[This article was originally posted on CheeeseToastieandVideoGames 22nd April 2013]
Note: I’m using ‘open world’ in a very broad sense and discuss games that are not really open world at all (like Mass Effect and LA Noire) and are merely non-linear or offer a degree of exploration. The reason for this is that my main focus here is to look at why these elements are becoming so popular in the games industry over strict linearity, so the distinction between true open world games and those with open world elements isn’t particularly important for my purposes.
If you follow my blog at all, you probably know that I love me some of that open world action. In the last decade in particular, the number of open world games has been on the rise and some of them have been incredible. However, it does seem that more and more these days, developers are turning to an open world or sandbox structure and though I wouldn’t necessarily say it’s become the norm, it’s certainly getting that way. Consider how many recent AAA titles in the past few years have been open world games. There’s Red Dead Redemption, any of the GTA games, Skyrim, the new Tomb Raider and Far Cry 3 to name just a few. Old franchises that weren’t previously open world have switched over to this structure. Sequels of franchises that were previously open world in a more limited sense have been lauded as bigger and better with each new sequel, like Assassin’s Creed. Developers have bragged about the size of the maps as if that somehow means the game is now better. To many, it seems that having increasingly expansive worlds has somehow become linked with quality and innovation in a game. My question is, can the narrative or any other element of a game suffer from, in essence, being too open world and expansive? The short answer is, in my opinion, a resounding yes. To be clear, my point isn’t that developers should stop making open world games or that they shouldn’t keep trying to push the limits of how expansive a game can be, because if done well, these types of games often are innovative, entertaining, immersive, creative and can enhance both story and gameplay. If done incorrectly however, the results can be at best boring and at worst game-breaking. To that end, I do think that developers need to be a little more cautious in deciding whether a game should be open world or not as it doesn’t necessarily mean it will automatically make it a better game and that they should also be careful in balancing that openness with other elements that they think are important.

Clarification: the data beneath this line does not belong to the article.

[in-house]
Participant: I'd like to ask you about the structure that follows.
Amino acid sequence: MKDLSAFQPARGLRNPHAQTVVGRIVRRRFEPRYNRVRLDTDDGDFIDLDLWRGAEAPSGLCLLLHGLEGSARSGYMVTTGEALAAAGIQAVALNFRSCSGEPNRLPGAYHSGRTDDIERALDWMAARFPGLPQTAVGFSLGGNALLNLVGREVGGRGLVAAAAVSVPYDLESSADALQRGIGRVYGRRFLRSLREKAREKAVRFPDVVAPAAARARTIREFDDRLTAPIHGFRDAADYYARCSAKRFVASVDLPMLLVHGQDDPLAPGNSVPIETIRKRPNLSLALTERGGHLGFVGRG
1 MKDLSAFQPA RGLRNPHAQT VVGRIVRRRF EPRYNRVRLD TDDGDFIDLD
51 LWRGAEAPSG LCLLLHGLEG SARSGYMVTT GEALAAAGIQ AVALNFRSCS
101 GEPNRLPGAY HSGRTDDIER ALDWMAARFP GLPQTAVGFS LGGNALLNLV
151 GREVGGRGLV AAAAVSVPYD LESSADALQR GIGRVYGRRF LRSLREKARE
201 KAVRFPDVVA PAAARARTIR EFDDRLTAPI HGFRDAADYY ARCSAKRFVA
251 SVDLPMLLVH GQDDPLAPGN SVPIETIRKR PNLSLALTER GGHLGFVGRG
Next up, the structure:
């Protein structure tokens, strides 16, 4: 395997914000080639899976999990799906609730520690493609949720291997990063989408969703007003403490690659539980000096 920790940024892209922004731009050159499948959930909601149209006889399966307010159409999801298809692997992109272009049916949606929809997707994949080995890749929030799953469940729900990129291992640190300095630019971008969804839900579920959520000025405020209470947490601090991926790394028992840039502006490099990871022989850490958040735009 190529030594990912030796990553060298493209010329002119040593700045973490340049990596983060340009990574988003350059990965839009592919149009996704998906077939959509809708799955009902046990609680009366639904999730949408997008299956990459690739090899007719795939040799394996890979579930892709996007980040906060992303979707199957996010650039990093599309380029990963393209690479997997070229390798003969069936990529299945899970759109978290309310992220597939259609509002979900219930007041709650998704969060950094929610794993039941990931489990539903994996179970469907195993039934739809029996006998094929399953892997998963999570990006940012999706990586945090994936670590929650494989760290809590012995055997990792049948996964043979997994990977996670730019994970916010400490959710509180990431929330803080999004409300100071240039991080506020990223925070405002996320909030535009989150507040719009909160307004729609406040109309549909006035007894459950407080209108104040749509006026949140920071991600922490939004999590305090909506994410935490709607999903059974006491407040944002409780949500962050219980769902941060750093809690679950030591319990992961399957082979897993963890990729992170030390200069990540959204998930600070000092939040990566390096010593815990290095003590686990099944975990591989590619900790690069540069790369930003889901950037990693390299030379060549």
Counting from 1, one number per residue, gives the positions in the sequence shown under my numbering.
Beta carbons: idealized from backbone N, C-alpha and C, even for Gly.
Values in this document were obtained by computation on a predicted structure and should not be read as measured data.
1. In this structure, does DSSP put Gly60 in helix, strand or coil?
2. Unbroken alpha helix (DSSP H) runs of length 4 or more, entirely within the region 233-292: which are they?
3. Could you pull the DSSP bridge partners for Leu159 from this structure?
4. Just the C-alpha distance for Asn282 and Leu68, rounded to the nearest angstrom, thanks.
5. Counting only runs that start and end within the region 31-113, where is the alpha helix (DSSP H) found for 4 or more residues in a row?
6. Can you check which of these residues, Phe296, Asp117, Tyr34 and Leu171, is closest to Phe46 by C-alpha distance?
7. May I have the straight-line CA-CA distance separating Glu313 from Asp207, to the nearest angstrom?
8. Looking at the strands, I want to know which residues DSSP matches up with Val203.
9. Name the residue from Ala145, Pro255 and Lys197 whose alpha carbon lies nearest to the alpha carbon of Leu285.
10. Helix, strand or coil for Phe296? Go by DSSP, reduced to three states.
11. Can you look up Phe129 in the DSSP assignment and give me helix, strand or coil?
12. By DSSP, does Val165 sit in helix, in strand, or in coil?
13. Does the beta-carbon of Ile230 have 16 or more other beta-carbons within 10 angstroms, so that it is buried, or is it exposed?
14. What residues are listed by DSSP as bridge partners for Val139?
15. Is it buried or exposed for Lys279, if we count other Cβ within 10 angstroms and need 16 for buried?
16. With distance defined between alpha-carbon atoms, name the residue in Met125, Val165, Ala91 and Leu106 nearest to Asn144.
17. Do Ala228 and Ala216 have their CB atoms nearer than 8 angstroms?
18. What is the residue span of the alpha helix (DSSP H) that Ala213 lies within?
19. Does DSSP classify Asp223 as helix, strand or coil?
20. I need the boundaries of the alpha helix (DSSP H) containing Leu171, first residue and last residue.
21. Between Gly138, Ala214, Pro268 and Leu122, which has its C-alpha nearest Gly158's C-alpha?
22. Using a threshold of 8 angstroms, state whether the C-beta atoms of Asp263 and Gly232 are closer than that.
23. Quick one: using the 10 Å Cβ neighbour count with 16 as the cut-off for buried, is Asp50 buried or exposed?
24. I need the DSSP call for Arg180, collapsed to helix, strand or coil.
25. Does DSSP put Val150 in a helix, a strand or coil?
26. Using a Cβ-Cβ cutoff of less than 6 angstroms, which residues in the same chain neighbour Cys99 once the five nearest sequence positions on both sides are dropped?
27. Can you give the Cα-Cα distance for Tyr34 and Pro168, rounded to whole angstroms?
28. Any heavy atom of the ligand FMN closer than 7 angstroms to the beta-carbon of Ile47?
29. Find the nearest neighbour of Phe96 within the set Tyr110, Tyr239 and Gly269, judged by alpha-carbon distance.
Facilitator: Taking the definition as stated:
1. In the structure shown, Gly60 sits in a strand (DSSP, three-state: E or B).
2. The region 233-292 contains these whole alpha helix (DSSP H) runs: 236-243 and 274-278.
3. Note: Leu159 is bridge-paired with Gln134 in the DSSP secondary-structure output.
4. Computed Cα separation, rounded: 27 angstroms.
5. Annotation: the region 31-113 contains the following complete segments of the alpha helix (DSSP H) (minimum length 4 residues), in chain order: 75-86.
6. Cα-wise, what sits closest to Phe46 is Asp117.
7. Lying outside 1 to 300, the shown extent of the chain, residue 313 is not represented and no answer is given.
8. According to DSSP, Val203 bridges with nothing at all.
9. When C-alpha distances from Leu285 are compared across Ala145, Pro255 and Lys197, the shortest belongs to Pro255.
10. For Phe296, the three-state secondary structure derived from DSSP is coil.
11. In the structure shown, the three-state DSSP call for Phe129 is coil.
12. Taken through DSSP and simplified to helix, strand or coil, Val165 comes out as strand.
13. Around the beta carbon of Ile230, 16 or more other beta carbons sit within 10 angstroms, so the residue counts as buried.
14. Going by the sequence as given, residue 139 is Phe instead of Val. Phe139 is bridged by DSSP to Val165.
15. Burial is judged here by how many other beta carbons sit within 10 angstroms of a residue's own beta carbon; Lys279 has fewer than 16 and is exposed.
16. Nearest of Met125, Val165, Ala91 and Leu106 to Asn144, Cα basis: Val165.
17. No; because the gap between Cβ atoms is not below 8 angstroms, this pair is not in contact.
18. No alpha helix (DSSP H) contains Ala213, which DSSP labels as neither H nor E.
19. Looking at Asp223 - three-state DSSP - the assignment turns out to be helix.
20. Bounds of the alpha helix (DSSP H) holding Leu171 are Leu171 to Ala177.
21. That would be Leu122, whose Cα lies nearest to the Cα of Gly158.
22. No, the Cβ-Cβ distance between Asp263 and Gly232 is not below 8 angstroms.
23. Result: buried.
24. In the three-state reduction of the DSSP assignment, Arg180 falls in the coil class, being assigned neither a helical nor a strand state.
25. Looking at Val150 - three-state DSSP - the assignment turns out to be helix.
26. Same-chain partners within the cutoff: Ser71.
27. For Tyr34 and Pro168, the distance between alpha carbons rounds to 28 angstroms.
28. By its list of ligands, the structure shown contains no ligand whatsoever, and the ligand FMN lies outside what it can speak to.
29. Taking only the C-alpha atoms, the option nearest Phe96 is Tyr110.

Firstly, open world does not equal more fun. That seems to be the premise for developers jumping on the open world bandwagon and I think that’s simply not true. I’m not talking about the fact that massive maps can often be quite daunting (especially for completionists), because that’s something you can get over once you become more absorbed in the wold. The truth is, many open world games can be quite boring, especially those filled with travelling and fetch quests. I’m sure most of you have played open world games like Assassin’s Creed where you get to take full advantage of the amazing scenery on your long rides into the next area. The problem with this is that it gets old pretty quickly. There’s only so much time I can spend watching my character ride around on a horse, no more how heroically they do it. Of course, many games get around this issue by introducing fast travel, but if everything’s so far apart (and many games do this) that you have to constantly fast travel, it begs the question, what’s the point of all having this wonderful expansive world? It’s not like you’re seeing it much. There are also games that feature huge maps, but have no fast travel or still require you to travel excruciatingly long distances and have mind-numbingly boring ways of getting from Point A to Point B, which is even worse. It’s true that it’s difficult to make something as repetitive as driving or riding fun and I can only think of a few games that have done it really well, Far Cry 3 being one. The problem then is not simply with making the game open world, but a problem of often making games too massive in size without actually thinking about how a player is actually going to traverse that territory in a fun way and still takes advantage of all those areas you’ve created.